Thursday, December 6, 2012

Sam Martineau “Fair Touching” @ Rawson Projects

I’ve been spending a lot of time looking at art in Brooklyn of late, and with the flooding of Chelsea, it may be that a lot more people will be spending more time looking at art in Brooklyn. Two things come to mind the more time I spend in Brooklyn: one, very little photography is being shown here, and two, if you don’t like abstract painting, you’re really not going to have a lot to look at. Which has brought up some interesting questions for me, one in particular from an old photography friend who shall remain nameless. The gist of the critique was that much of what was going on in Brooklyn was just decorative, and at the time I didn’t really have a lot to retort. So I’ve been spending a lot of time thinking about abstract painting and what makes it something more than just a graphic exercise. Sam Martineau’s was very helpful to me in thinking about contemporary painting (a field I make no claims of expertise). Despite copping lots of little stylistic tics from more famous types, he manages to form something new by skillfully crafting a diversity of images that vary in approach and technique but come together nicely through sticking to a similar creamy and slightly washed-out color palate and maintaining a consistent scale and format to the paintings. The diversity of style ranges from short little cross-hatchings that look like a Matisse doodle or large scratchy letters that come off as a more focused Cy Twombly to what appears to be collaged cloth resembling a very stylish and minimalist Rauschenberg. The references to dated artistic ideas seem reflect a lack of interest in contemporary art or a lack of drive to push the medium forward. Rather, they appear to be a knowing play on the current historical state (post death) of painting.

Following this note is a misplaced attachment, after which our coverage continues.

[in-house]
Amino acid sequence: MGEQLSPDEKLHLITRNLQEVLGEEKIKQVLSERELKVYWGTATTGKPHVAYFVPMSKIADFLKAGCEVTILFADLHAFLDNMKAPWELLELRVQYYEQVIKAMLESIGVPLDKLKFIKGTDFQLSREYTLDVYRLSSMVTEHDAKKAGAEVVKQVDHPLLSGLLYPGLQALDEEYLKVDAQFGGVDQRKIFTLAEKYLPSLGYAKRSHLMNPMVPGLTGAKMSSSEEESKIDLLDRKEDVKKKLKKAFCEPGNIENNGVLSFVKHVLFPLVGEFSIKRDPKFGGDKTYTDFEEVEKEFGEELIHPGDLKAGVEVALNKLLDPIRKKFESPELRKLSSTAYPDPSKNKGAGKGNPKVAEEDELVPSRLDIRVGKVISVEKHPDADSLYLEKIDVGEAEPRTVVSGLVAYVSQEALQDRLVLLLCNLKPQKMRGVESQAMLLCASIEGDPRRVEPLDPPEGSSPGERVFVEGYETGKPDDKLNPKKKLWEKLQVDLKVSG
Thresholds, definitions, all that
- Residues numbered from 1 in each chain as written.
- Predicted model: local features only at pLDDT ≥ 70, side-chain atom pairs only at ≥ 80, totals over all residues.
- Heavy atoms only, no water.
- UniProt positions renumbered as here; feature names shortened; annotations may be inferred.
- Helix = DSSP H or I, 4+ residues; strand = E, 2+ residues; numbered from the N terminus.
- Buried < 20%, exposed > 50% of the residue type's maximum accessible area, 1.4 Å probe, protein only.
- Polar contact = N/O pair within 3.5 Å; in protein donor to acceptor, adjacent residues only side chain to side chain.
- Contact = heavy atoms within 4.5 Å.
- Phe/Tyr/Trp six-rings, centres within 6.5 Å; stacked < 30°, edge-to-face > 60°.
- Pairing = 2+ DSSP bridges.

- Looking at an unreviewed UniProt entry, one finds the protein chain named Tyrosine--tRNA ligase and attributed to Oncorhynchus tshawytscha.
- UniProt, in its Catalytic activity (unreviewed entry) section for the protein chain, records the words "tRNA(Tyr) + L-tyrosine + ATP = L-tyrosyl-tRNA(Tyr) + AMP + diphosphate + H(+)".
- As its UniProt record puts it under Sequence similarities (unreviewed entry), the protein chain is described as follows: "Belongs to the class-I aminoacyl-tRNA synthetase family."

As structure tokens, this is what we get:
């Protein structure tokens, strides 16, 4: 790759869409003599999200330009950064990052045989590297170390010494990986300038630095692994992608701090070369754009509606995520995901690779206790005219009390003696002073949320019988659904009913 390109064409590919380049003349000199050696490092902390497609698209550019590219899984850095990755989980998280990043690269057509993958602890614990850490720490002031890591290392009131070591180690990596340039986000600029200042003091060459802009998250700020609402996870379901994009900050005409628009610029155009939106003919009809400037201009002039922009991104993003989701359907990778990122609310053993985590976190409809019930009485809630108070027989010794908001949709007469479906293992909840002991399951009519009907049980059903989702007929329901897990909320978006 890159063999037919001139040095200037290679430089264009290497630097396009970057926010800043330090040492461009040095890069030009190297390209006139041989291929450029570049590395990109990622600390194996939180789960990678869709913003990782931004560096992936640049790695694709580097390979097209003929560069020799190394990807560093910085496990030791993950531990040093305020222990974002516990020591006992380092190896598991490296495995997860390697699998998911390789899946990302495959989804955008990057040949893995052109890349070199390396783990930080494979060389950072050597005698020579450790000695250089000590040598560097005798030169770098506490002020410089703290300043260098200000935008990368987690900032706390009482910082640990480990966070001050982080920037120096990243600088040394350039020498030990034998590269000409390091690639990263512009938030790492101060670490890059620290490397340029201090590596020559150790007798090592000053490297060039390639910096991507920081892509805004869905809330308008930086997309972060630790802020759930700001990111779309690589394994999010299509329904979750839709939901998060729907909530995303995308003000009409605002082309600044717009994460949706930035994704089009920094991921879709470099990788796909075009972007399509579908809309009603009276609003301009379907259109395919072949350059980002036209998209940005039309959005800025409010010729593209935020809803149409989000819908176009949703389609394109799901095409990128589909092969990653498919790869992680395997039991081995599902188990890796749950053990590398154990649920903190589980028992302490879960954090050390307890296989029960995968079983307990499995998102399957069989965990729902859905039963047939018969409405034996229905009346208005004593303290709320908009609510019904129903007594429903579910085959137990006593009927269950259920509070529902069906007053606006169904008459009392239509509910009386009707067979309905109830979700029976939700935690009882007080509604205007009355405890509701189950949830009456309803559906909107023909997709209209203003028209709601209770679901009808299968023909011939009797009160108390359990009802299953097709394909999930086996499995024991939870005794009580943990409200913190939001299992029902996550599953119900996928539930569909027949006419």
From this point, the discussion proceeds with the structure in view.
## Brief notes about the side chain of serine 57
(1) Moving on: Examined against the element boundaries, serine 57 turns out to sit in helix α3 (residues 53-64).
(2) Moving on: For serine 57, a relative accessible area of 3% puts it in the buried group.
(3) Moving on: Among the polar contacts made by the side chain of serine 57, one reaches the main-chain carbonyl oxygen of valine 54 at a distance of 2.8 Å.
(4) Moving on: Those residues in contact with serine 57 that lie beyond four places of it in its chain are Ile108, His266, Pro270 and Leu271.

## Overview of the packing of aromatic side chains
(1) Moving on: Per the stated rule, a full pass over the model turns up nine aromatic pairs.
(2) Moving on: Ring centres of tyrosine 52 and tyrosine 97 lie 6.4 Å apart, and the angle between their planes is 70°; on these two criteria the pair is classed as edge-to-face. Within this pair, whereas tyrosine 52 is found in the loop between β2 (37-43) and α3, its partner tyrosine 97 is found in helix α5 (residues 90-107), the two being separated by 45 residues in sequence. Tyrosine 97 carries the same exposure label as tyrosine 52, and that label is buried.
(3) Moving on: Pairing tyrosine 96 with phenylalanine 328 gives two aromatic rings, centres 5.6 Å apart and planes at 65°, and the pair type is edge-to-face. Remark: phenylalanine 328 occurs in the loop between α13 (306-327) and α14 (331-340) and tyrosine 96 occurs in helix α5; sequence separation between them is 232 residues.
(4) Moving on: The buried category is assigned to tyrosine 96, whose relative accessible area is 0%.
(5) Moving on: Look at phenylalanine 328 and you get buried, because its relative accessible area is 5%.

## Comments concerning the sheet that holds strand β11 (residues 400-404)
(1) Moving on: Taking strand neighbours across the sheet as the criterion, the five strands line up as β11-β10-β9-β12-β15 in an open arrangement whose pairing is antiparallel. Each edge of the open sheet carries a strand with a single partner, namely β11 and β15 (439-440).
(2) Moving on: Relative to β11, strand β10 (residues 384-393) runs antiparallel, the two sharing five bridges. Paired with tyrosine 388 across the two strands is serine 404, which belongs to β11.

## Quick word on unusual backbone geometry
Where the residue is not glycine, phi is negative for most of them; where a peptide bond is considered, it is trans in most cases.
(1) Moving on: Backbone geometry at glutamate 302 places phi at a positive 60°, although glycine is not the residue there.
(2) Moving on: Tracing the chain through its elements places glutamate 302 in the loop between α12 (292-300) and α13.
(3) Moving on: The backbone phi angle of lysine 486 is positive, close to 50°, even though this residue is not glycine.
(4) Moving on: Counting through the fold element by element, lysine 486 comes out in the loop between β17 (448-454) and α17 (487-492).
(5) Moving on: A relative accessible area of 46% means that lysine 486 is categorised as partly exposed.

Even more interesting to me in Martineau’s work is how much I responded to the color palate in his otherwise minimal and abstract paintings with their faded blues and pinks on dirty cream back drops. It all felt very seventies, including the tie dye painting, references to Pirelli and an orange, red and black-striped painting that looks like the logo of a seventies German fixed-speed Olympic bike team. What I am trying to say is that Martineau is able to is elicit an emotional response that reflects my fondness for Wes Anderson’s ability to set movies in a timeless space that is somehow contemporary while inhabited by people right out of an early seventies period piece. At the same time, Martineau evokes a childhood sentimentality about the styles and colors that were cool in the early eighties where things still had a decidedly seventies flair. Provoking those responses while producing something new and original is pretty good and far from just decorative, especially for, say, four strips of color on white backdrop.

Already down
Rawson Projects (223 Franklin St., Btw. Eagle & Freeman Sts., Greenpoint, NY)


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